In the summer of 2018, we worked with Reach for the Stars Nursery to trial some sessions within an Early Years Setting. Working with artists Helen Felcey, Alice Thatcher, and Gabriella Rhodes we incorporated the concepts of Early Years Schema into the activity that we devised. Schema is a learning framework that seeks to identify children’s early learning styles and scaffold them through similar activity. Examples include ‘rotating’ schema, where a child might like to draw lots of repeated round shapes, or spend time twirling about in the playground, or ‘transporting’ schema, where a child may like to fill receptacles with objects and move them to different places.
How could we recreate these frameworks with clay? Some aspects lent themselves naturally, such as using small pieces of clay that can be filled into containers for transportation, while others took some more thought. The simplicity of this way of thinking about learning, and how we interact with the world, proved to be of great interest to our artists.
A person-centred approach
A person-centred approach is an integral aspect of the BCB engagement programme in education, health and community settings. Looking at how people react to the clay, how they interact with it, what they enjoy and respond to, informs the type of work that we do, enabling a more meaningful interaction with the material and learning experience.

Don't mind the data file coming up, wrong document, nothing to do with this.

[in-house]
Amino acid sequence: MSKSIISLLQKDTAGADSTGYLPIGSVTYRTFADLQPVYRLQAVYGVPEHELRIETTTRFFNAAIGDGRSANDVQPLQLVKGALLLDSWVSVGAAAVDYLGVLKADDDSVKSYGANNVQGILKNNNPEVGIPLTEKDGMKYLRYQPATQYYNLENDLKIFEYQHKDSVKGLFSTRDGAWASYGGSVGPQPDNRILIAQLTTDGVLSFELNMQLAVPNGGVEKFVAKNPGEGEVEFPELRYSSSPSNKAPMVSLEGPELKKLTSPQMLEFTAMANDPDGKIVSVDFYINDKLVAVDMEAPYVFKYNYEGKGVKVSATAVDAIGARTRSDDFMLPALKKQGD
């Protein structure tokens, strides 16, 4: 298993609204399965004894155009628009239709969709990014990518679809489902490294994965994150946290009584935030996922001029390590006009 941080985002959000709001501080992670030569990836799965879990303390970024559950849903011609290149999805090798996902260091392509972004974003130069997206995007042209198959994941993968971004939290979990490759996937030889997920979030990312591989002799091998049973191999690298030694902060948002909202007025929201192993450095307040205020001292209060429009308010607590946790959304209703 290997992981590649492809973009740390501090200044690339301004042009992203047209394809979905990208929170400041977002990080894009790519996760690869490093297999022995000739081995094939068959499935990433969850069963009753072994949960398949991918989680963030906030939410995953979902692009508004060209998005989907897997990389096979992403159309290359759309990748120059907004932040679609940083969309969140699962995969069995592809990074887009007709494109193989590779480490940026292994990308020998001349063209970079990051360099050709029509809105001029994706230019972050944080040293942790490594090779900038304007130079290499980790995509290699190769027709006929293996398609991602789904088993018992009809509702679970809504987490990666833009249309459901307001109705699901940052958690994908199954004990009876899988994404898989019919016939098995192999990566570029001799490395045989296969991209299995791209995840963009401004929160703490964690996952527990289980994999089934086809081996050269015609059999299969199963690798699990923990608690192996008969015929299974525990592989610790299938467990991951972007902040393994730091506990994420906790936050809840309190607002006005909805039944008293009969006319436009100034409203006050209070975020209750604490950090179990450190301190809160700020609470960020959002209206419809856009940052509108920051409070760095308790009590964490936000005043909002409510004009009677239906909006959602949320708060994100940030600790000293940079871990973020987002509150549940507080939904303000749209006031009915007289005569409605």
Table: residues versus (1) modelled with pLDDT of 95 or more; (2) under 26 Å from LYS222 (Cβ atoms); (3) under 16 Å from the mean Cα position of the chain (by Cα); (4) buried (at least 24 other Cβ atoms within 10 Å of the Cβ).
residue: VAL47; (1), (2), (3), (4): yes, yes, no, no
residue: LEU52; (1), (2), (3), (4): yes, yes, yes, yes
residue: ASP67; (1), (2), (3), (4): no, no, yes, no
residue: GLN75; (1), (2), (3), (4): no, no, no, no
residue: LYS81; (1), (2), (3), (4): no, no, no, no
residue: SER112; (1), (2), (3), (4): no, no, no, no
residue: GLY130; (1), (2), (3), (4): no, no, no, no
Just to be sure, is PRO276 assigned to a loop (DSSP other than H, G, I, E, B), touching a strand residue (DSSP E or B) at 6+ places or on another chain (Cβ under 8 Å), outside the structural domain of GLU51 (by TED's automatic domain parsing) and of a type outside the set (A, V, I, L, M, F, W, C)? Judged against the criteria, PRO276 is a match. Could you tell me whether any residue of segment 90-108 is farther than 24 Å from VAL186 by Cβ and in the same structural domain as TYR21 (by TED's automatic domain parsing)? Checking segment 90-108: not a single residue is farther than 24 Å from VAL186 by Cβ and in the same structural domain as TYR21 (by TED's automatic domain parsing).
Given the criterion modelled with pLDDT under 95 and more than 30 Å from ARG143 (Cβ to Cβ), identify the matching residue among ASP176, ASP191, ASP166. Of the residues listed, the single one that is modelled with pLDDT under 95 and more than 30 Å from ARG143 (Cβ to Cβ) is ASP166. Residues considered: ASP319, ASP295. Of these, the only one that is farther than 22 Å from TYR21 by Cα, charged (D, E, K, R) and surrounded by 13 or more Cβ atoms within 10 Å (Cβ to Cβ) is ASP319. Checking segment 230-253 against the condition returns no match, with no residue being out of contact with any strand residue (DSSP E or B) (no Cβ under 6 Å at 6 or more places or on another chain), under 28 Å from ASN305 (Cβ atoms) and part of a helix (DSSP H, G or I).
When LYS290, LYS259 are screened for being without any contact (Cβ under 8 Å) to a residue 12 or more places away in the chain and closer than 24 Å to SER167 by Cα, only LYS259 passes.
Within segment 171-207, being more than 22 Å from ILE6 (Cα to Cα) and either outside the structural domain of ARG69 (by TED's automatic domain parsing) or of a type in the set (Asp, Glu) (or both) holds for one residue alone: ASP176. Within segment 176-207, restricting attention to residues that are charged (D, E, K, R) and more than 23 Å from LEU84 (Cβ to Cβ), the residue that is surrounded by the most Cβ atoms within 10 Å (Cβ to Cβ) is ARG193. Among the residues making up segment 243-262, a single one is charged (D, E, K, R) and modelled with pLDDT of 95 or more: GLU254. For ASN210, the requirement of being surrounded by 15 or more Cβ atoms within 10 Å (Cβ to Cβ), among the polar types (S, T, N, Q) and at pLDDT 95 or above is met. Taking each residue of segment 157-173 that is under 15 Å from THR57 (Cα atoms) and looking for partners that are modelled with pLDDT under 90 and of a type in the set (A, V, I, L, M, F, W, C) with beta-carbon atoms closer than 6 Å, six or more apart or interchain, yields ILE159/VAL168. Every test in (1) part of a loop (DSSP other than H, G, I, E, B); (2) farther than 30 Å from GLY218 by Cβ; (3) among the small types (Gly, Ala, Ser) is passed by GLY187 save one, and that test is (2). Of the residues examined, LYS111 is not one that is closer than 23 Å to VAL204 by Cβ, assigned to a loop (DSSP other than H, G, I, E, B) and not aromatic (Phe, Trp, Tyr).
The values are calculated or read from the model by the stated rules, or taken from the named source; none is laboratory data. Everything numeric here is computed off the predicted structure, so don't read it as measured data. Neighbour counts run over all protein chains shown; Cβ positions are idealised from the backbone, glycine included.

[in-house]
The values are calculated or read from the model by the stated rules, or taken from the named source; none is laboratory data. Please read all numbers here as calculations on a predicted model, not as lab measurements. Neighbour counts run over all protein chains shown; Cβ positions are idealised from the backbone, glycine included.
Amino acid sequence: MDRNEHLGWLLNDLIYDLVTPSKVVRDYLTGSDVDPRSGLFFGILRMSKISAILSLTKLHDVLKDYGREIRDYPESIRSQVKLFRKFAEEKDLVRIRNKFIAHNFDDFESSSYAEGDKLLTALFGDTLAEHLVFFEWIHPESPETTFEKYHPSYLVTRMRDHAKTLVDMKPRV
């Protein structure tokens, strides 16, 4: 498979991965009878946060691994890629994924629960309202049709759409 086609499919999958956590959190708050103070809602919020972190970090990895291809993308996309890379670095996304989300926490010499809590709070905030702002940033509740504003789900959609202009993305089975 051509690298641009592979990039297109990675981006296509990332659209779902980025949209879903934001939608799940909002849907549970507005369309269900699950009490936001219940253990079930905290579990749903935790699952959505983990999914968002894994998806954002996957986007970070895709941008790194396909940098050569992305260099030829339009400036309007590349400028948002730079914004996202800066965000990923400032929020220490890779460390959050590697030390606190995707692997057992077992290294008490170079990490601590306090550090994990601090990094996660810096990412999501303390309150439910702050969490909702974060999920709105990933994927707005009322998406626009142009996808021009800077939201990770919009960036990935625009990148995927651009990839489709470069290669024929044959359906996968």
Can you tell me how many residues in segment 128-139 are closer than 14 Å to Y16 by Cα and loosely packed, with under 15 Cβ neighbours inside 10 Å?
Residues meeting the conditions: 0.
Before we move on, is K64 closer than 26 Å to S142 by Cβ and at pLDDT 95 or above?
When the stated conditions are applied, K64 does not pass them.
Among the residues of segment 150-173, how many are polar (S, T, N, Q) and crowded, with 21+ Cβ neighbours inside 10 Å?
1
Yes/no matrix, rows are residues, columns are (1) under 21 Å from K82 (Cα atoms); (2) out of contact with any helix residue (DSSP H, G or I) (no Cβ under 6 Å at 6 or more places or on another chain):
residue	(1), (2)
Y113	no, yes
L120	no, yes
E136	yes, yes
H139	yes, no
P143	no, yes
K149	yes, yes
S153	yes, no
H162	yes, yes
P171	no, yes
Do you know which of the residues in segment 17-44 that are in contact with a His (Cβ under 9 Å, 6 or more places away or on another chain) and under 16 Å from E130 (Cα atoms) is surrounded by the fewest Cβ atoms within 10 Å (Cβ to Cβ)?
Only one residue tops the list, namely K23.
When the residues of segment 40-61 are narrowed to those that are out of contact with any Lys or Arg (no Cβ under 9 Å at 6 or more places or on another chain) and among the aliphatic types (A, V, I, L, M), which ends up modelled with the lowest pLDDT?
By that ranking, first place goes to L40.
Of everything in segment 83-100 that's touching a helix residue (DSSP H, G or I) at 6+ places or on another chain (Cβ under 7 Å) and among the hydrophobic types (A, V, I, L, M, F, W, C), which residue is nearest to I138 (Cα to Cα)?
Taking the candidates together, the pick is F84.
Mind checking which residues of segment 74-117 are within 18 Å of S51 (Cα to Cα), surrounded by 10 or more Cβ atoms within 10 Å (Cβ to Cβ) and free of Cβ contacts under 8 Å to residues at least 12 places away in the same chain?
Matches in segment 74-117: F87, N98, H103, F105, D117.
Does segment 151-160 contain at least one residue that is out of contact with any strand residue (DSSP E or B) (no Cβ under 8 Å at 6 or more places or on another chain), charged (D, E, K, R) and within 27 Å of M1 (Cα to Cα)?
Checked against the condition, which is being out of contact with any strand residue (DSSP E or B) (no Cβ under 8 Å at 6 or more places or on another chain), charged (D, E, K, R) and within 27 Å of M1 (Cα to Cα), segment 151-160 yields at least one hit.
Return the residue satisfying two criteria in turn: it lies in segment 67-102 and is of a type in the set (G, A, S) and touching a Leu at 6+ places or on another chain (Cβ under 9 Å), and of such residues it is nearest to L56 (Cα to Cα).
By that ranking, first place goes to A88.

On a recent project, artist Joanna Hejmej worked with patients in the Stroke Recovery Ward at the Haywood Hospital. As the work with this group progressed she noticed how the differing mobility needs of the participants impacted the way in which they worked. In response, Hejmej decided to trial different tools within the following sessions with the aim of making working with clay more accessible to those in the group. She found that with these new tools, participants started to incorporate the use of both hands within their working, where before they had found it difficult, and worked more intensely with the material as a result.
This reciprocal approach is at the heart of British Ceramics Biennial’s engagement work in Stoke-on-Trent.
The material is always the same, but as a result of this interchange, something always changes. We hope The Clay Quarter represents this dialogue. Rather than a static exhibit, one object or one image that doesn’t change, three artists, working alongside groups interested in clay, have designed, tested and created an interactive space that will continue to respond to visitors throughout this year’s festival.
The Clay Quarter will be a free engagement space within the 6th British Ceramics Biennial. It is situated in Spode China Hall on Spode Works site and will be open everyday between 7th September and 13th October.
We hope to see you there soon!